Paul Shirley

From Wikipedia, the free encyclopedia
Jump to: navigation, search
Paul Shirley
Personal information
Born (1977-12-23) December 23, 1977 (age 39)
Redwood City, California
Nationality American
Listed height 6 ft 10 in (2.08 m)
Listed weight 235 lb (107 kg)
Career information
High school Jefferson West (Meriden, Kansas)
College Iowa State (1996–2001)
NBA draft 2001 / Undrafted
Playing career 2001–2008
Position Power forward
Career history
2001–2002 Panionios Athens
2002–2003 Yakima Sun Kings
2002–2003 Atlanta Hawks
2003 Joventut Badalona
2003–2004 Kansas City Knights
2004 Chicago Bulls
2004 UNICS Kazan
2005 Phoenix Suns
2005 Beijing Aoshen Olympians
2007–2008 ViveMenorca
2008 Unicaja Málaga

Paul Murphy Shirley (born December 23, 1977) is an American former professional basketball player who last played for Unicaja Málaga in the Spanish ACB. He is also a writer; his first book, Can I Keep My Jersey?[1], was released in 2007. His second book, Stories I Tell On Dates[2], has an announced release date of October 17, 2017.

Shirley is noted for briefly maintaining an online journal while playing for the Phoenix Suns in 2004–05. His first journal dealt with a several-day-long road trip, while the second chronicled the Suns' NBA Playoffs run. After their playoff elimination, the Suns did not re-sign him, as he rarely played in his twelfth man position.[3] He was the author of a blog for ESPN.com entitled "My So-Called Career".[4]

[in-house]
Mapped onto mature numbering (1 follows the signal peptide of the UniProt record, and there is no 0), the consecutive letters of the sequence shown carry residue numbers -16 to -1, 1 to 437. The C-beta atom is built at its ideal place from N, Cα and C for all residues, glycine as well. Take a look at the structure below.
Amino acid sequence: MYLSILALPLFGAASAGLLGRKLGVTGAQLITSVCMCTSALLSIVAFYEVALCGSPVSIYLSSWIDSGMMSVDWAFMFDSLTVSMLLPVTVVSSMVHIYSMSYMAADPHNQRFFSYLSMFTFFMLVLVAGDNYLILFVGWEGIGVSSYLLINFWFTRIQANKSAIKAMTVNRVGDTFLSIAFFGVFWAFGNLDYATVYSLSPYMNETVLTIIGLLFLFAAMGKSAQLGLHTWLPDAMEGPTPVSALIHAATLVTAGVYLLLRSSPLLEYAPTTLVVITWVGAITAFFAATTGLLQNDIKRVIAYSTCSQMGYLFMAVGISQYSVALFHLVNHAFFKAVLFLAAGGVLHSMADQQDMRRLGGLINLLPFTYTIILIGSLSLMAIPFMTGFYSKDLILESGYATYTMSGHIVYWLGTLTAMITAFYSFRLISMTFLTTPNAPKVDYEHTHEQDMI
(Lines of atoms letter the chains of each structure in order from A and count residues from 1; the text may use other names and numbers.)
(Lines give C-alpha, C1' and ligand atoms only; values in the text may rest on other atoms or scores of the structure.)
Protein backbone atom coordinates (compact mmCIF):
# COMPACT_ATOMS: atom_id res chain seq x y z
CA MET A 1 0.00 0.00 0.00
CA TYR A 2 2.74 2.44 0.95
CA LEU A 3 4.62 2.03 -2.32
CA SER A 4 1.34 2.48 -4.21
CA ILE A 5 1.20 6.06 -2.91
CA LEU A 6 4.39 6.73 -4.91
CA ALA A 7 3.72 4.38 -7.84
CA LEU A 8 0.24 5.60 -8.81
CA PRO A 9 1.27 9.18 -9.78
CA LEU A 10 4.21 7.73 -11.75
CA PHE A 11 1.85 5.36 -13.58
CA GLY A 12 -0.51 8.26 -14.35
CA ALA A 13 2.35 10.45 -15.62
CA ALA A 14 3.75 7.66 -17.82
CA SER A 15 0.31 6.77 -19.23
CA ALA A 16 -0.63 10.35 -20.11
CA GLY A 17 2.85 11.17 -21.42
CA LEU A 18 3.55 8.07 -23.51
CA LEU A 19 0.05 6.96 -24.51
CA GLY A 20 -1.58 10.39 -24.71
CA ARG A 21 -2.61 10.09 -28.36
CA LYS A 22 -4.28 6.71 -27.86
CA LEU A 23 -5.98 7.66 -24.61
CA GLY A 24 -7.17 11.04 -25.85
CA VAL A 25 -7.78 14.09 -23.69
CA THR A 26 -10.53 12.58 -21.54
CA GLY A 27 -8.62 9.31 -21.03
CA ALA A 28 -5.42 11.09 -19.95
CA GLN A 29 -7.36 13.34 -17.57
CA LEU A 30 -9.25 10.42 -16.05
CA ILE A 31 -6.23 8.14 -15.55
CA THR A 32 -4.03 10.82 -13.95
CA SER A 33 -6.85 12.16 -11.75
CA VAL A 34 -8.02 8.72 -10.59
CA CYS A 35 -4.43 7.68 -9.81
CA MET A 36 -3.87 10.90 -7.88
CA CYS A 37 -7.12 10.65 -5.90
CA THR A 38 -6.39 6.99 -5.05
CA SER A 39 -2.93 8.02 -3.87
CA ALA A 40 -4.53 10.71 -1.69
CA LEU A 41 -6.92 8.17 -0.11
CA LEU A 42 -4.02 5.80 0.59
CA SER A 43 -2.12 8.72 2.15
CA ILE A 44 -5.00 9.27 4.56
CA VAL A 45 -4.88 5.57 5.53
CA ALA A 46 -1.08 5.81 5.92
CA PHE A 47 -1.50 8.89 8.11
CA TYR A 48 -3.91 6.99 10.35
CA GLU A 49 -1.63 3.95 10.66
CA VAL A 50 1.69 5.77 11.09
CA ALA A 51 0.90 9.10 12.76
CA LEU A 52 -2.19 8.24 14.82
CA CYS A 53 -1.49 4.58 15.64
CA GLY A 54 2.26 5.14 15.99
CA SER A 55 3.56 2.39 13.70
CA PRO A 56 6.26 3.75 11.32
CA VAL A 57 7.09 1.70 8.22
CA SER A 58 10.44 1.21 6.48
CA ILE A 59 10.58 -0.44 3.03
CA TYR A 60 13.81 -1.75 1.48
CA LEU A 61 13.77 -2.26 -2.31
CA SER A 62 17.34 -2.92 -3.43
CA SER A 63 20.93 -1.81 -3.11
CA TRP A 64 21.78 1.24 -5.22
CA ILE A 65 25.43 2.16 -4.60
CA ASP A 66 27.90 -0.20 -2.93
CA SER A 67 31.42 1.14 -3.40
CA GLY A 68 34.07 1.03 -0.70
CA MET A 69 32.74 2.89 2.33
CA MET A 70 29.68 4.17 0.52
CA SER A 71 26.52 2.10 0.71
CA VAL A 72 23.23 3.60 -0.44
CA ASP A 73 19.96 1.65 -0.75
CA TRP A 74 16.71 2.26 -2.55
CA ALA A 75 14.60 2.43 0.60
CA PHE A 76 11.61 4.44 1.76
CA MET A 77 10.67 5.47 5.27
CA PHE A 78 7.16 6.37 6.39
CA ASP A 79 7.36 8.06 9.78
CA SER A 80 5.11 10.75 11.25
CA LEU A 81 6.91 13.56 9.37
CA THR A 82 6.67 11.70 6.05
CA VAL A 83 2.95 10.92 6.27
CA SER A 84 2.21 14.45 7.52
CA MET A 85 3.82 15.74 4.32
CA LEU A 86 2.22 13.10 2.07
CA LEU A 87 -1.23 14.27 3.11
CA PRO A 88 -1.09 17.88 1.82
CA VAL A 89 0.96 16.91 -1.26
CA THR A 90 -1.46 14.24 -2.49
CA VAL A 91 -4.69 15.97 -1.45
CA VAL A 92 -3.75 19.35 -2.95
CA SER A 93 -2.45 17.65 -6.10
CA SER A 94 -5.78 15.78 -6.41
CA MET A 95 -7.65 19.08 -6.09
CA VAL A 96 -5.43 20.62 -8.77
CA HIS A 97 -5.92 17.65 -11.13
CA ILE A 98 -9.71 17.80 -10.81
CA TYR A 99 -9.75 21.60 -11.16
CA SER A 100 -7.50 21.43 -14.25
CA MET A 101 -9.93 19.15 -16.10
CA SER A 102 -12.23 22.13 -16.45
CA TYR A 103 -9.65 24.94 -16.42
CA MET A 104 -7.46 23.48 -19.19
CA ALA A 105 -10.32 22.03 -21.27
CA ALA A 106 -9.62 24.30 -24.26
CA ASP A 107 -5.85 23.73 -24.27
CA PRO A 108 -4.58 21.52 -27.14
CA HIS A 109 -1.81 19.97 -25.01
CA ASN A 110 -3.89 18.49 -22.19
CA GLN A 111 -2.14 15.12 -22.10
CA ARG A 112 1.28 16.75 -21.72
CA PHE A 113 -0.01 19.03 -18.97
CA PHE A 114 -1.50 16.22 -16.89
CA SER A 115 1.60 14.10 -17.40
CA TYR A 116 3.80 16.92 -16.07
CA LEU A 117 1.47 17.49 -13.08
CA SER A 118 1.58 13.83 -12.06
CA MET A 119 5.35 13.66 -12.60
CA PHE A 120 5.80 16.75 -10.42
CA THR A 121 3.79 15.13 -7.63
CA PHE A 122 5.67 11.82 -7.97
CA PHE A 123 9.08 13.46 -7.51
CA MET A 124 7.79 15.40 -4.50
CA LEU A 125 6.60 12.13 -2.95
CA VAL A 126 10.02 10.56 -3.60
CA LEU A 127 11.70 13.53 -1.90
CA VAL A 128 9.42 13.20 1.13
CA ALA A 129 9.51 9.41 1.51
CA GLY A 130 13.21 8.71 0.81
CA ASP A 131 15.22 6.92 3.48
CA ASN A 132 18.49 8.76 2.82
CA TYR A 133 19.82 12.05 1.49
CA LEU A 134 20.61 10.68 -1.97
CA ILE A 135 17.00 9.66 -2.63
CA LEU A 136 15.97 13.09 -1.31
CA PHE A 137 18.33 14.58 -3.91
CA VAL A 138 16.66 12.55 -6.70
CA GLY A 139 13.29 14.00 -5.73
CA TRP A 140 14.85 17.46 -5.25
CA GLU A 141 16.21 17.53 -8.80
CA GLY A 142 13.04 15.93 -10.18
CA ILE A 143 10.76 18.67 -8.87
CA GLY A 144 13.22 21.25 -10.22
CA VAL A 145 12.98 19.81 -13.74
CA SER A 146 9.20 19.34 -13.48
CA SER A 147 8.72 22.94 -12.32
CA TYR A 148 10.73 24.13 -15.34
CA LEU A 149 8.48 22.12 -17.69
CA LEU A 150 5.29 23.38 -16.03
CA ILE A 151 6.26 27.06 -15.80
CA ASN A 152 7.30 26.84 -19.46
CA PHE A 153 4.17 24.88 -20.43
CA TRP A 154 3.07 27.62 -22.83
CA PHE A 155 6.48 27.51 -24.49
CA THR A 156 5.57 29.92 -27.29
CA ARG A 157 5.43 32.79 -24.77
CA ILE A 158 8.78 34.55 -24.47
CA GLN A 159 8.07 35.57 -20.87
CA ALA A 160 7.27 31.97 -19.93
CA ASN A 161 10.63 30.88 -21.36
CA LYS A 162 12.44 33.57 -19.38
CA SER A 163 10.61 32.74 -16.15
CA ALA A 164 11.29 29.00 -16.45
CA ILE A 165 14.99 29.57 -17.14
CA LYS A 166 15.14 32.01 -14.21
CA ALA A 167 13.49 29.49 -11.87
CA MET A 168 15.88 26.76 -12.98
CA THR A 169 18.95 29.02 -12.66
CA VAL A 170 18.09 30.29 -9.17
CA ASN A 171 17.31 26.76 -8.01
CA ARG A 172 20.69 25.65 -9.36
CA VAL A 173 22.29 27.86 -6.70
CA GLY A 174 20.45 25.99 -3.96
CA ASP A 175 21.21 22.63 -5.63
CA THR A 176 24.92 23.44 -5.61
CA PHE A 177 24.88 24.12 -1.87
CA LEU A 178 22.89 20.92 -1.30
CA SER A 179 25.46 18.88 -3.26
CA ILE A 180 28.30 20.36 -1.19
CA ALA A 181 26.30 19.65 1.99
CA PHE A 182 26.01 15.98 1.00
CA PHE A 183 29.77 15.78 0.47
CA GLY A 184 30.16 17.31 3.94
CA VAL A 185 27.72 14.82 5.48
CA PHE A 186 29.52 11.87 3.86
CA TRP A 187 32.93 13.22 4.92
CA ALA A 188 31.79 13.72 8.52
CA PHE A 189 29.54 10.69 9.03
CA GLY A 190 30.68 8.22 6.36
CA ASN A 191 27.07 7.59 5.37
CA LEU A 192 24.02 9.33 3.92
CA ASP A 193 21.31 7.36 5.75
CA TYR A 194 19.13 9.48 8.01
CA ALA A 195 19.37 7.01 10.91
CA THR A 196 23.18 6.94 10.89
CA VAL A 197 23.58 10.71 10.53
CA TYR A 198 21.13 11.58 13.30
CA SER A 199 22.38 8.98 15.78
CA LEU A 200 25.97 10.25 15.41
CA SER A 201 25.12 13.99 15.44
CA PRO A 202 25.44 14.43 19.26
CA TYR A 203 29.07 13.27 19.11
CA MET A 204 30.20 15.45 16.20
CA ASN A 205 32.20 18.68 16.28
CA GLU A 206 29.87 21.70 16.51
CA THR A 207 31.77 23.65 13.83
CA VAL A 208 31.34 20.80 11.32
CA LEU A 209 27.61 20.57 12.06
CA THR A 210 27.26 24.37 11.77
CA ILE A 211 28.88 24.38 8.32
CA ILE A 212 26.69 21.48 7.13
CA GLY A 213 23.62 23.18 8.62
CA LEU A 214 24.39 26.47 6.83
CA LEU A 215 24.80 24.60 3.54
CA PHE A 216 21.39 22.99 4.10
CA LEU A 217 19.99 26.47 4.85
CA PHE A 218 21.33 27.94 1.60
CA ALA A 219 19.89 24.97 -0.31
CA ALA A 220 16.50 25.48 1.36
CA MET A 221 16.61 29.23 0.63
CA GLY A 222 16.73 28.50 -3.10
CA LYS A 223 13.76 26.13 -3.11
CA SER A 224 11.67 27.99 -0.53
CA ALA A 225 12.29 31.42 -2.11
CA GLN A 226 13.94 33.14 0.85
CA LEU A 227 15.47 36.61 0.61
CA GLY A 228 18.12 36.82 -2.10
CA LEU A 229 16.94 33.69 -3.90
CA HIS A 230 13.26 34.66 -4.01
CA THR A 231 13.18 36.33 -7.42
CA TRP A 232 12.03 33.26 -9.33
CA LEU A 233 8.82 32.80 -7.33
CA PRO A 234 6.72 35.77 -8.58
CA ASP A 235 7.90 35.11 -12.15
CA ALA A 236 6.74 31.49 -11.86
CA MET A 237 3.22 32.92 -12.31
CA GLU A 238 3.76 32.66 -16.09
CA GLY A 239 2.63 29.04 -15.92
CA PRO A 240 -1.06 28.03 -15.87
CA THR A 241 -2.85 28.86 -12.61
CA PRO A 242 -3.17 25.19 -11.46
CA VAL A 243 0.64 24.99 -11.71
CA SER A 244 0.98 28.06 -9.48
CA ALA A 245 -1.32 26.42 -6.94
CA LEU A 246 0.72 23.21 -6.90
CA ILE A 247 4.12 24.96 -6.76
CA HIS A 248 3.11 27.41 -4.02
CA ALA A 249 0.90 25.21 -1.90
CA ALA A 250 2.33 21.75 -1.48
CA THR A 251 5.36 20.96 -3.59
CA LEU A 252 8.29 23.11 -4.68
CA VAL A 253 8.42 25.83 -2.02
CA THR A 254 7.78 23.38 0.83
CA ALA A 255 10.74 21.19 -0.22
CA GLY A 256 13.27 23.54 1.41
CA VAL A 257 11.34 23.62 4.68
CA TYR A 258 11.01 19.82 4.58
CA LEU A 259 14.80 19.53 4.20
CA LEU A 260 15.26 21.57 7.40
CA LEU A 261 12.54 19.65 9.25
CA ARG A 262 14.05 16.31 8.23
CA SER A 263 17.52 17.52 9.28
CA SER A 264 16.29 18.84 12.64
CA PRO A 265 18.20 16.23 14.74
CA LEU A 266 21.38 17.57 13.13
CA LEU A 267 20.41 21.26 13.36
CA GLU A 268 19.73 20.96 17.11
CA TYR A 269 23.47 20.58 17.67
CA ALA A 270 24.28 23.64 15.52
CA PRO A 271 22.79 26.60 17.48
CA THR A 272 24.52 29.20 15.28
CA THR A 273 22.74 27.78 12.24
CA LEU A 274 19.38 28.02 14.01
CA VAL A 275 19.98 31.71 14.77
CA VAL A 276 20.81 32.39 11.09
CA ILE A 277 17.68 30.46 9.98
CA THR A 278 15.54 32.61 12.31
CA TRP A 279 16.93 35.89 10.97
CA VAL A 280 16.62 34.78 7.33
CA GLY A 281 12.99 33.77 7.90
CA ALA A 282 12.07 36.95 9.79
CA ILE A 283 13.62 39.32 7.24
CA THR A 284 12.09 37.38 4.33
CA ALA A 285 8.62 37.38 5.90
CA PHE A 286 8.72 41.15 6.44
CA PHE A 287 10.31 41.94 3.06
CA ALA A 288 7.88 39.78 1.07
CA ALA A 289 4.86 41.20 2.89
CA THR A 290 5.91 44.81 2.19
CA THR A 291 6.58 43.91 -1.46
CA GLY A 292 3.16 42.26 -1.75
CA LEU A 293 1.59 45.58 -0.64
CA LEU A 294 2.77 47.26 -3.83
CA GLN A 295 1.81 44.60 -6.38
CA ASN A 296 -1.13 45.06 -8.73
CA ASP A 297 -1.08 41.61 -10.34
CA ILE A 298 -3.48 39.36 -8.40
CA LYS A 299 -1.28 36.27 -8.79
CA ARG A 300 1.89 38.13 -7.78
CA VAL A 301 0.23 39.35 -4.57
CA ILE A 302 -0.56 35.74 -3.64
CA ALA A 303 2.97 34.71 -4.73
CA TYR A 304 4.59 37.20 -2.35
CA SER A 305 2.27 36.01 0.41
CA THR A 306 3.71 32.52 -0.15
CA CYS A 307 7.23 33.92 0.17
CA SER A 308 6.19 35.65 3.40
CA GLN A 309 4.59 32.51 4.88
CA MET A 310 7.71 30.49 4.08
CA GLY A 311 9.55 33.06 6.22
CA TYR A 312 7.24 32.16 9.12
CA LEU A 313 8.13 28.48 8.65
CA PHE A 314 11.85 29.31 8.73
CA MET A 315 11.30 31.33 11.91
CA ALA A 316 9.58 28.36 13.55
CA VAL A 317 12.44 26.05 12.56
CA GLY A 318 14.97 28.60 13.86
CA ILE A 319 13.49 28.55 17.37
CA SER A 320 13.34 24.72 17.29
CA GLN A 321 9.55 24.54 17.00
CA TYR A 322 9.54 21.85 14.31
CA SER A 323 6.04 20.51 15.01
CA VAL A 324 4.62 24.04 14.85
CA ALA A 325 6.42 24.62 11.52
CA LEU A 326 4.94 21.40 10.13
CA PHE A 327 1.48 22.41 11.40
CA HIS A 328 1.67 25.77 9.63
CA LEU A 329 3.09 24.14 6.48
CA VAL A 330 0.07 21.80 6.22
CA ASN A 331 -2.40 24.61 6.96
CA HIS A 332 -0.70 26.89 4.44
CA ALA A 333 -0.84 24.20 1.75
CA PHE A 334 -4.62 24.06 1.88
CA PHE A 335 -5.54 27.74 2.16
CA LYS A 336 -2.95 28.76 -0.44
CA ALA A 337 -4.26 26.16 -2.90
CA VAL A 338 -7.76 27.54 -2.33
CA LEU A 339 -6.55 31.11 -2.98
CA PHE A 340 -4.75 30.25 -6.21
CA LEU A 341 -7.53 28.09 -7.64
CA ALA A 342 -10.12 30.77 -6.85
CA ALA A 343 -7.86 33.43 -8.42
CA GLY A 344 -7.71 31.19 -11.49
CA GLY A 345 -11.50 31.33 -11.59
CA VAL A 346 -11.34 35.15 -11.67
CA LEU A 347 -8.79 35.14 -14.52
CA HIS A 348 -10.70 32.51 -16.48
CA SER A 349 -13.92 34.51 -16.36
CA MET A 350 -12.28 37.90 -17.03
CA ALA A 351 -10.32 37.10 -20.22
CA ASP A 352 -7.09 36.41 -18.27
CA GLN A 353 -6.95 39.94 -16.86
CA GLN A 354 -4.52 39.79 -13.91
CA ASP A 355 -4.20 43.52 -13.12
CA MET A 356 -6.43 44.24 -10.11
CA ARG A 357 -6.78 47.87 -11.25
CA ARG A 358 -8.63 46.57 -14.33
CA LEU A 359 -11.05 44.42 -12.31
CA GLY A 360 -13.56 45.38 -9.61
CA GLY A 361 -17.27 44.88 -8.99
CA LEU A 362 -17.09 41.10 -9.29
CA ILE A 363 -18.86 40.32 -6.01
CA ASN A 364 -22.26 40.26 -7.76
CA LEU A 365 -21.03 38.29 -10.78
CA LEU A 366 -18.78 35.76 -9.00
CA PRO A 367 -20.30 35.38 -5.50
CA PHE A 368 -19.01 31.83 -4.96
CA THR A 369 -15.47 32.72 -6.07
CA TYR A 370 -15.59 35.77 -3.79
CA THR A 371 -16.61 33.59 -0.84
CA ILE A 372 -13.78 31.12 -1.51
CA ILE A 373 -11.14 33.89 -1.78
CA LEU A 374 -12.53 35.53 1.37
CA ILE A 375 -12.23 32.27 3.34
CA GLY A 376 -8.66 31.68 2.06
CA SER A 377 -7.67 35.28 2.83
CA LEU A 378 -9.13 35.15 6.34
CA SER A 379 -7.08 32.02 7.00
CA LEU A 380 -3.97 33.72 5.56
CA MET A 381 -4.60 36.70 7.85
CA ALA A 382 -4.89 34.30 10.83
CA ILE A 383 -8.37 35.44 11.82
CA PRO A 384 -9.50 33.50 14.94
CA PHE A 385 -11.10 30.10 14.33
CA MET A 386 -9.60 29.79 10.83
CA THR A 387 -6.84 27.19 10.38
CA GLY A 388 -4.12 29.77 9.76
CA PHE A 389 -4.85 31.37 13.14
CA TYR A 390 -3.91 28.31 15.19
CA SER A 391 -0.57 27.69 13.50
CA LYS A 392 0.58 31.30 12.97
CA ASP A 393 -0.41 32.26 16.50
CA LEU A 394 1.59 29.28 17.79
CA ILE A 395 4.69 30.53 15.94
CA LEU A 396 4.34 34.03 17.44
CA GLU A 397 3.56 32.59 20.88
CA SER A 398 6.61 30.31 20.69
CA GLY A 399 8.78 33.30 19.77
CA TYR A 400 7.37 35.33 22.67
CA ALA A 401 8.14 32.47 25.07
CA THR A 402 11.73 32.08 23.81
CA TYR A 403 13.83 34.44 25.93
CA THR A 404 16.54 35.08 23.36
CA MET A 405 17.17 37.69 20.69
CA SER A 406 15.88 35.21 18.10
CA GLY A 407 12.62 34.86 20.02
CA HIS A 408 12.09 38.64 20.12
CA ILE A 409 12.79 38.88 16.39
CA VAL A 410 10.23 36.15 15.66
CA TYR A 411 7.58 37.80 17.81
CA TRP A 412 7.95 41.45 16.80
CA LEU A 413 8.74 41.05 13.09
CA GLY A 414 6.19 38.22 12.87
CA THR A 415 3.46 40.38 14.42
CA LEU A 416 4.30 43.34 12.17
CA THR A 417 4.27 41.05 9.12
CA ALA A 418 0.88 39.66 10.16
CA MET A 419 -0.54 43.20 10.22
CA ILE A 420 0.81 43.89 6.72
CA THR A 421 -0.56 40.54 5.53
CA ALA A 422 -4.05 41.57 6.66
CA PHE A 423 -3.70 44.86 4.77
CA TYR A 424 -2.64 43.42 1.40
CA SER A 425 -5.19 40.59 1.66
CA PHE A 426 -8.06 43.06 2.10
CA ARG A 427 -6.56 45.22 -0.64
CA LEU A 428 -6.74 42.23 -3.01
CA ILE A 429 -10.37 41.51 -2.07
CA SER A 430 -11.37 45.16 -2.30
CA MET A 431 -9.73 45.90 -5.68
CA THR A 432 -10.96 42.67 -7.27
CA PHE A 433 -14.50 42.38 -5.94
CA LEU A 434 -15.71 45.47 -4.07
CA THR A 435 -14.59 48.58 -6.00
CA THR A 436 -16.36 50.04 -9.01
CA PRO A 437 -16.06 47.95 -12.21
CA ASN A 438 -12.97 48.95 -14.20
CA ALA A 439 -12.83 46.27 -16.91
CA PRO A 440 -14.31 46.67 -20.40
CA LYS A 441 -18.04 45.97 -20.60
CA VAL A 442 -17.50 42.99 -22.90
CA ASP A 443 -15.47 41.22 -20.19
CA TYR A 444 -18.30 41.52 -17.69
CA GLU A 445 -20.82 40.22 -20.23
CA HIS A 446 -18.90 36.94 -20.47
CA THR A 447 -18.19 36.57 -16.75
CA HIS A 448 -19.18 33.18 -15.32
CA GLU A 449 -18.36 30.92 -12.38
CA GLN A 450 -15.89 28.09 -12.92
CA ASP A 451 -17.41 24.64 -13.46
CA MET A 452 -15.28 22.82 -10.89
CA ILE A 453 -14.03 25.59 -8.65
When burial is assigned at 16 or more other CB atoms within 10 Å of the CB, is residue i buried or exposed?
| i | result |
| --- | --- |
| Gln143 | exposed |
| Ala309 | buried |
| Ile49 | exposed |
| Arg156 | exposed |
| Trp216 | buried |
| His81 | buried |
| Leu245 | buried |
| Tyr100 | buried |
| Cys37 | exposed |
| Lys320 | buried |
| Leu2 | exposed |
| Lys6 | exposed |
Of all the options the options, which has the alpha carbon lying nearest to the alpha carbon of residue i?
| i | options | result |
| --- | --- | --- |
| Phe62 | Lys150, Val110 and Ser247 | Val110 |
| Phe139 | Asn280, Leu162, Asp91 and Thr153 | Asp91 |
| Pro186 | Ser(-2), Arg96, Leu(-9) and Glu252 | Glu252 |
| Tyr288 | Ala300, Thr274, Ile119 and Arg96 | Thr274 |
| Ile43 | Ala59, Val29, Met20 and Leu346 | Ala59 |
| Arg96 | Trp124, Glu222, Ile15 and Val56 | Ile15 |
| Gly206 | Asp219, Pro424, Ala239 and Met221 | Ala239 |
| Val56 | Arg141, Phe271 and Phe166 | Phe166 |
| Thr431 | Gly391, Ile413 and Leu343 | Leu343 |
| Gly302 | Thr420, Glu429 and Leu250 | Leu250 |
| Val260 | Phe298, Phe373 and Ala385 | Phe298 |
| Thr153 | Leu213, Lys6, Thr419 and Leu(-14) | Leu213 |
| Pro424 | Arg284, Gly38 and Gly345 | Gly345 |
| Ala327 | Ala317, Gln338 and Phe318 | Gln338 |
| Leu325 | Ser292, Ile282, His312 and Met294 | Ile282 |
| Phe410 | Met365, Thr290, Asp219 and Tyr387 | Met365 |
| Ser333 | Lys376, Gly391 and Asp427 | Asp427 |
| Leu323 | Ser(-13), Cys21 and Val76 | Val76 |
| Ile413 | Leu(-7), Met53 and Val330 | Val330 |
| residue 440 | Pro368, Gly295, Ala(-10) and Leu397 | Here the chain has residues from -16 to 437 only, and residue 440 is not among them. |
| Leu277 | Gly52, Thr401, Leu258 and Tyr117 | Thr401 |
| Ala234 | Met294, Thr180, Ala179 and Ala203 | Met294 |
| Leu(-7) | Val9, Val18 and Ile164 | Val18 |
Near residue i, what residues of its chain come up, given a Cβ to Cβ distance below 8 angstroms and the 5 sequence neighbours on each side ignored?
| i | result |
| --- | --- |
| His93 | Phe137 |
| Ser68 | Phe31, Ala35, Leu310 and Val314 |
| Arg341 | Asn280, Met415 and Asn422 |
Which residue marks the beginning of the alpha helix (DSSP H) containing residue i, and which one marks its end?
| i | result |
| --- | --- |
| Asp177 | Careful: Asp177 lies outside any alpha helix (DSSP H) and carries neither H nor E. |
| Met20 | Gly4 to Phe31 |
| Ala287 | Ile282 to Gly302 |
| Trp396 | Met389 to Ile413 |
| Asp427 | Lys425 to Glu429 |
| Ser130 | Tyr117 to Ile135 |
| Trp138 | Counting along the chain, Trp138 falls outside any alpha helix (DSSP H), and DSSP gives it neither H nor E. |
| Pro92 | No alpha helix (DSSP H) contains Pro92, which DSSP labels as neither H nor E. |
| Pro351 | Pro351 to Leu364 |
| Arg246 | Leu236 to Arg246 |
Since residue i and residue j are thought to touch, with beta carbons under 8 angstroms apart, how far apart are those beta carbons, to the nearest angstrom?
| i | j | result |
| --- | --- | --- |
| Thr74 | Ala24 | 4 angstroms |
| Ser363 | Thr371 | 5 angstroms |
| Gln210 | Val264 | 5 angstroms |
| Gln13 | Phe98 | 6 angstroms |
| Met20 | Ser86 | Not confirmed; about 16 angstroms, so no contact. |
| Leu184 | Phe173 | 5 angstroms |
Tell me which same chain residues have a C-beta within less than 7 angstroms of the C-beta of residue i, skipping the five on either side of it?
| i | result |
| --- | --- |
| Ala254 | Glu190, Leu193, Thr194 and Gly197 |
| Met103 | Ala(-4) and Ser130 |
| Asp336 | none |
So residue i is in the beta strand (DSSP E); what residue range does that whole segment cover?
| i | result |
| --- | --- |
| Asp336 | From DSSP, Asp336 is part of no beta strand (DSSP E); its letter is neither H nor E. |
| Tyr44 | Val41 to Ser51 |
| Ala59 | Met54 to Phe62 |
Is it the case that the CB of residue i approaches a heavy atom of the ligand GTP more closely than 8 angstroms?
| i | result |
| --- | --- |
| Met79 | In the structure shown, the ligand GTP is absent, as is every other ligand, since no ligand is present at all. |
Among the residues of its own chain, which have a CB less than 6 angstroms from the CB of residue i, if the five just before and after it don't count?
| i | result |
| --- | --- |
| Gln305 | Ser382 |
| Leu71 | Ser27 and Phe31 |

Shirley was signed to a non-guaranteed contract by the Minnesota Timberwolves in early October, but was cut in training camp before the start of the 2006–07 season. On an ESPN.com chat on October 23, Shirley referenced the $10 million, 5-year contract of Mark Madsen as the reason why he was released.[5]


Career[edit]

Shirley was born in Redwood City, California and grew up near the small town of Meriden, Kansas. He played high school basketball at Jefferson West High School.

Shirley worked his way from walk-on to three-year starter for the Iowa State Cyclones basketball team. He was coached first by Tim Floyd (until Floyd left the Cyclones to become the head coach of the Chicago Bulls) and then by Larry Eustachy. His notable teammates included future NBA players Jamaal Tinsley, Kelvin Cato, and Marcus Fizer. The Cyclones progressed to the Elite Eight of the NCAA basketball tournament his junior season. In his college career, he earned three Academic All-Big 12 selections and, in his senior season, was named second-team Academic All-American.

After graduating, the 6'10" Shirley played power forward for thirteen different professional teams including the NBA teams the Phoenix Suns, Atlanta Hawks, and the Chicago Bulls, as well as Panionios Athens of the Greek A1 League, Joventut Badalona, ViveMenorca, and Unicaja Málaga of the Spanish ACB League, and UNICS Kazan of the Russian Super League.

He has three brothers who used to live in the Johnson County, Kansas City area, Shirley's off-season home.

He appeared in the film Glory Road (#50 for Iowa, uncredited)[6] and an episode of the TBS Sitcom Ground Floor (Kevin)[7]. He also produced a television pilot for Twentieth Century Fox called The Twelfth Man[8].. It never aired.

Writing career[edit]